I don't know about you, but there are days - especially in the lazy days of summer! - when I really struggle. It'll be approaching 4-o'clock and I'll be wondering where the time has gone and what I have to show for close to a day's work (and then panic at the thought that I only have a few hours left to "catch up" before my daughters get back from nursery).
There are times when I feel so swamped and buried in the "stuff" that I am terrified that I'm not actually moving forward in any meaningful way, and wonder if I am doing enough. And it's during these moments of (mini) crises that I go back to my data.
See, a while ago (7 years to be exact), I got sick of wondering and wanted to know. I remembered a fantastic New York Times article (I highly recommend reading) that talked about the data-driven life. So I started to track my stats. I set myself daily, weekly, and quarterly targets and then tracked how I was using my time against those targets (in the early days, I used Excel, now I use Toggl and can't recommend it enough).
And doing so changed everything. It gave me a concrete and objective picture of where my time was actually being invested. I could look back at a day, a week, a year, and see exact percentages and numbers of minutes being invested in business development, marketing, speaking, admin, etc. And I could use those stats to hold myself accountable against the targets I had set.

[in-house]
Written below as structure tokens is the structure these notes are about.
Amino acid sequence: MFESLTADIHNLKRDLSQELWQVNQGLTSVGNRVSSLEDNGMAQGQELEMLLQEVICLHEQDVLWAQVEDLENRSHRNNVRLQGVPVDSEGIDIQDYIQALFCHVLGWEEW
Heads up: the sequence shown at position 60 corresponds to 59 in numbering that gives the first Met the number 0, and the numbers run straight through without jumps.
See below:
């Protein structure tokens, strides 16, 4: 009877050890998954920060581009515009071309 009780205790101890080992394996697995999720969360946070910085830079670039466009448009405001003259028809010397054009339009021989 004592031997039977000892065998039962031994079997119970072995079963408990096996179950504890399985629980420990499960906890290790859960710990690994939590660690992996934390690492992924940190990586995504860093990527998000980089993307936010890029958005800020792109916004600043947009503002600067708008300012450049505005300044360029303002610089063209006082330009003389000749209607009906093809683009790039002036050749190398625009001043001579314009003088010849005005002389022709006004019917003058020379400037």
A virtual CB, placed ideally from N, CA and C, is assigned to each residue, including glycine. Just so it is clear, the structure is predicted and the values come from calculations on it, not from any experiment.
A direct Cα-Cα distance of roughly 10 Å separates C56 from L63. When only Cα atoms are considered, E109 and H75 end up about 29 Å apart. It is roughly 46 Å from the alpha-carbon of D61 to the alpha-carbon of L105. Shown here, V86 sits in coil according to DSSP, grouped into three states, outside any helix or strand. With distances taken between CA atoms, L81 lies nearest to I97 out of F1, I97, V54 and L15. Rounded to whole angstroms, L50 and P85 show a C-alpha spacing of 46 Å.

Simple and powerful. And most important: objective.
Because, the thing is, we are often the worst at assessing ourselves. And we often get it wrong when we are guesstimating or appraising off the top of our heads. We suffer from recency bias. And availability bias. And self-preservation bias. We judge our performance based on what has just happened, what we can recall (and we forget a LOT), and we tell ourselves stories to make ourselves feel better ("I have been working soooooo hard and soooooo much!").
But the reality is often different to what we imagine. When I started objectively measuring what I was doing each day, what I learned surprised me. It still does. In some instances, I was way ahead of my game (a few years ago, I was having a really bad week so wanted to see where I was going off track... and you know what? I wasn't off track at all. I had hit 50% of my targets for the YEAR by May!). And in other cases, I was doing far less than I thought (when I was starting my first business, I was making shockingly fewer calls to partners and clients than I thought I was. No wonder things weren't moving as quickly as I wanted back then).